Bacon and Freud: La scuola di Londra, opere della Tate
Bacon and Freud: The School of London

Chiostro del Bramante
Arco della Pace, 5
Rome (Italy)
26 September 2019 – 23 February 2020

When I’m painting people in clothes I’m always thinking very much of naked people, or animals dressed.
Lucian Freud

 

The fascinating venue of Chiostro del Bramante at Arco della Pace near piazza Navona in the centre of Rome hosts again an exhibition in collaboration with Tate Britain.  The previous one was on Turner (Turner: Opere della Tate) in 2018.  This time, the artworks of two major British painters, Francis Bacon and Lucian Freud, are on display together with four more artists related to the so-called School of London: Paula Rego, Frank Auerbach, Leon Kossoff and Michael Andrews.  They lived in London and met every day in bars and cafes in Soho, such as Gargoyle and Colony Room, exchanging ideas, getting drinks and attending occasional entertainments.  They were all refugees of sorts or immigrated from other countries.  Freud came to England in 1933 with his family when he was eleven fleeing from the Nazi regime.  Bacon was born in Ireland and Andrews came from Norway.  Rego left Portugal and Salazar’s dictatorship to study art in London.  Auerbach fled the Nazi regime as well and Kossoff was the son of Jewish Russian refugees; they both attended the course of David Bomberg at The Borough Polytechnic Institute in London, who believed that painting was an extremely important activity but also very difficult.  These artists chose London as the place to develop their study and art in dialogue with the aftermath of the second world war, the destruction, reconstruction and the changes that followed.

The exhibition, curated by Elena Crippa, curator of Modern and Contemporary British Art at Tate Britain, has a chronological and thematic approach.  It covers seven decades pointing out the challenge the artists embraced, that is, renewing painting hoping that this old medium could communicate the optimism, crisis and changes that occurred during the period.  The tensions and wish for change are present in the different artists whose personal research and introspection are expressed with different techniques and from dissimilar perspectives.  The fragility of human condition and its contradictions are the central themes common in all of the artists of the School of London.  These themes relate to war, immigration and the consequent displacement that makes people vulnerable.  Therefore, their artworks reveal a shocking reality without filters but also tenderness, acknowledging our fallen human condition.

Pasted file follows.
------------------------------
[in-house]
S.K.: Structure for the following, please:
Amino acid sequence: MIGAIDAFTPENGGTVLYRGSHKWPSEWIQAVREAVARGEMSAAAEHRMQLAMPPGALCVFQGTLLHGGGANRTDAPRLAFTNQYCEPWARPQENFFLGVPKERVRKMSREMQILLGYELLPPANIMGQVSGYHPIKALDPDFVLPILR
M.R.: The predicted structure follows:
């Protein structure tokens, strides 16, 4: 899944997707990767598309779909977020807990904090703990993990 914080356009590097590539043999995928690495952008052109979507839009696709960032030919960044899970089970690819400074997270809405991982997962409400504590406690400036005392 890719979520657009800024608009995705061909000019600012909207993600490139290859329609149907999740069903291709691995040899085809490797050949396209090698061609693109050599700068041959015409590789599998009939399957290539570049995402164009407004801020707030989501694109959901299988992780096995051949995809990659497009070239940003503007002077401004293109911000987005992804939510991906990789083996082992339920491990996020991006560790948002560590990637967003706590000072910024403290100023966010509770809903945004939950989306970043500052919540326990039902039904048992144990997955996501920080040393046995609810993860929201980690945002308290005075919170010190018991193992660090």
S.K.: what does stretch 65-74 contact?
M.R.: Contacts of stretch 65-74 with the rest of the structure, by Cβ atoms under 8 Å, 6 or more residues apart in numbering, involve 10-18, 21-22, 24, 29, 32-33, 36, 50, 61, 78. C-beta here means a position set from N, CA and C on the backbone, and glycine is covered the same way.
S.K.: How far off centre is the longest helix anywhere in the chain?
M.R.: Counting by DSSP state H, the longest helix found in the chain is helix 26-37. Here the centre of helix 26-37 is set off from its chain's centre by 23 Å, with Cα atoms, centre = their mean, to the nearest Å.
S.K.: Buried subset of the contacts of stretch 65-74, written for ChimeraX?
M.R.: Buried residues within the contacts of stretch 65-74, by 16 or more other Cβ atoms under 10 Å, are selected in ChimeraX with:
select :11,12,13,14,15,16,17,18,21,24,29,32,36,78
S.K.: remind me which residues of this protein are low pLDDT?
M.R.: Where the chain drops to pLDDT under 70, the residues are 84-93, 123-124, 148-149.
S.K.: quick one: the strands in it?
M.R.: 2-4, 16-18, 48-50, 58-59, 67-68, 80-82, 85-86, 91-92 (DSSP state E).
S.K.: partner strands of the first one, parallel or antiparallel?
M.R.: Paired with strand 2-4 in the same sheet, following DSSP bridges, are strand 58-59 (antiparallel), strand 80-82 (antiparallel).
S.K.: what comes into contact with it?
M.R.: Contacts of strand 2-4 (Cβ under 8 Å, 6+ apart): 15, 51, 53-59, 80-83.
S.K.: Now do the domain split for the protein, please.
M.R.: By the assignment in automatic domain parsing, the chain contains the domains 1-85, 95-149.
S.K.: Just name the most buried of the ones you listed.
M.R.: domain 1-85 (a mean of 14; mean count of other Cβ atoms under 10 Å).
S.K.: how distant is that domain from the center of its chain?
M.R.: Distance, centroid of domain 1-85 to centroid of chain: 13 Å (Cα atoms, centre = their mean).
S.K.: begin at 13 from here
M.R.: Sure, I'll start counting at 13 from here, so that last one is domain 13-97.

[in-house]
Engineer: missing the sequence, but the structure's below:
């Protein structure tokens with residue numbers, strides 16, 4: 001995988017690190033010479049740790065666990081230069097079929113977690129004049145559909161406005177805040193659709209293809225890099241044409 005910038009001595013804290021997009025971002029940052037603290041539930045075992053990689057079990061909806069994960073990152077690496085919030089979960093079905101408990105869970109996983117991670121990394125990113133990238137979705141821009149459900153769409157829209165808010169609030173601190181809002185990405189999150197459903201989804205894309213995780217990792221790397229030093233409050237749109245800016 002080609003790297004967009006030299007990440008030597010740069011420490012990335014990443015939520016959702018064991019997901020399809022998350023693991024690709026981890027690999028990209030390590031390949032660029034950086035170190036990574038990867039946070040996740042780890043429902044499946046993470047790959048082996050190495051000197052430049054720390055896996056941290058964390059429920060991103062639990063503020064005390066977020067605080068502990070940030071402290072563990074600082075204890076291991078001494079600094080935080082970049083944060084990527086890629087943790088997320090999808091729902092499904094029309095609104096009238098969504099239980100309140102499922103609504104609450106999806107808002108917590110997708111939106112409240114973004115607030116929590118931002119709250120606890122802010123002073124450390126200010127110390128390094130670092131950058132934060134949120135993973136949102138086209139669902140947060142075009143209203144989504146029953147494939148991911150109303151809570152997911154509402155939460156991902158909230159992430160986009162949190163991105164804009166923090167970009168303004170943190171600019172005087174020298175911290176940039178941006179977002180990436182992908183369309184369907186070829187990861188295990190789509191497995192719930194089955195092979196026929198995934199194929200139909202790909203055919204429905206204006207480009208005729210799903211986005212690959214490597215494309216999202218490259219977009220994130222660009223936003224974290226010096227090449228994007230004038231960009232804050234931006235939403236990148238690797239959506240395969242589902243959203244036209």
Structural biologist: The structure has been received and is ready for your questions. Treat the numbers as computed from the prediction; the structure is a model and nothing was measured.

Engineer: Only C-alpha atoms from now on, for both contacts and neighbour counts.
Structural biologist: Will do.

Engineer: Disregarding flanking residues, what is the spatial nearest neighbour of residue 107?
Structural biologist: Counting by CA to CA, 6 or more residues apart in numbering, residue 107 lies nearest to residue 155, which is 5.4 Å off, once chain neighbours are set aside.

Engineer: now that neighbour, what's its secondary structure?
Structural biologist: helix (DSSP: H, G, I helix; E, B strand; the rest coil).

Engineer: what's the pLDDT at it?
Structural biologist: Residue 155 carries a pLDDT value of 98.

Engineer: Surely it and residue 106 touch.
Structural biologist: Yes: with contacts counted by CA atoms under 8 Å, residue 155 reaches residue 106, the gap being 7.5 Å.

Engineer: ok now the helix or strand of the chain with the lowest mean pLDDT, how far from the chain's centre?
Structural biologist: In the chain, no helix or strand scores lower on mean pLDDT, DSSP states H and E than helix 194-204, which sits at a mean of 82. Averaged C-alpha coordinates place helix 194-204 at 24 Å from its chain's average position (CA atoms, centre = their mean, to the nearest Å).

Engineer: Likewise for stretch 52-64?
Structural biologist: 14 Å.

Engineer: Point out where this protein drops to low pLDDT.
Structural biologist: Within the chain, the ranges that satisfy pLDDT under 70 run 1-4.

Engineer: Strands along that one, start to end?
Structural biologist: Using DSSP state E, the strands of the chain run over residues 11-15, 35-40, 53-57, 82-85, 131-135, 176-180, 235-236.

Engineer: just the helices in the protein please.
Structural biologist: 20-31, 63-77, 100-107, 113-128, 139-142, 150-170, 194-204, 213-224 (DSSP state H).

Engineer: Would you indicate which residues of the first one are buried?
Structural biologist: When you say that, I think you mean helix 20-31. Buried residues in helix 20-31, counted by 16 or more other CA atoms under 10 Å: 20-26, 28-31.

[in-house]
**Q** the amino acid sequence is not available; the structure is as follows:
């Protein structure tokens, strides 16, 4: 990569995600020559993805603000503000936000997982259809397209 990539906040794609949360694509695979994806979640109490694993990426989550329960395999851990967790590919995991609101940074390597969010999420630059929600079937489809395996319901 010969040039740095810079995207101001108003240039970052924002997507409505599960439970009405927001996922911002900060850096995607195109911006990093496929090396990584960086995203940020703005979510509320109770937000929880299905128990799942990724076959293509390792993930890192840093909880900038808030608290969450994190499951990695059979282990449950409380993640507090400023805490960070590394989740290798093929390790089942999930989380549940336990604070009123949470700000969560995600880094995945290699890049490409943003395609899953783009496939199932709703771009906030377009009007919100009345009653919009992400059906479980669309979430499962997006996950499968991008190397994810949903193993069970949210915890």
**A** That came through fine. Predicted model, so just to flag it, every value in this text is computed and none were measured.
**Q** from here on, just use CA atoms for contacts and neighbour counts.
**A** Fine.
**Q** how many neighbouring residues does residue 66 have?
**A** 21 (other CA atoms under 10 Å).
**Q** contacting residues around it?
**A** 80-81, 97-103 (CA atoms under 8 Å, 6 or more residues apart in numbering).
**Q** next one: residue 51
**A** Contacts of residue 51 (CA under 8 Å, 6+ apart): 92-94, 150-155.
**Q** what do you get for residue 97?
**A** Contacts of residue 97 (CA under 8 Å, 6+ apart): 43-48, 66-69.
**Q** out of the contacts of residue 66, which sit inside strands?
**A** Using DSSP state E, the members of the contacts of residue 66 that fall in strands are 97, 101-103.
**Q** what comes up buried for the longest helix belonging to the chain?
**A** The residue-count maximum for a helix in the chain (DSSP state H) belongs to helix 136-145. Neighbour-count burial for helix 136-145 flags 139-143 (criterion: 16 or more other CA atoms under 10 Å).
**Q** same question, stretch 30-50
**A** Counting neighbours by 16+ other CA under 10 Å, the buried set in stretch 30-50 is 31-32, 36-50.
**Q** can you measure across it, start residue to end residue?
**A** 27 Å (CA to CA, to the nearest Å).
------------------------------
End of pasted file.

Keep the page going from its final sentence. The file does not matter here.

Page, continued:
The name School of London was coined by R.B. Kitaj and referred to this group of artists based in London who had an avant-garde approach of sorts mostly in figurative painting but with a strikingly subjective and uncompromising style.  They were not a consistent movement but were friends and made London a cosmopolitan art centre.  The artists’ works on display are very different one from the other, showing their unique research path that brought them to different conclusions or different ‘truths’.  Freud, for example, worked from life; the model was present in front of him, sometimes lying in twisted poses.  Their physicality, the flesh present in large, thick impasto, shaped the figure like a sculpture.  On the contrary, Bacon painted from photos, his isolated figures do not narrate or are not in relationship with the painter, as it is instead in Freud, but express an alienating angst.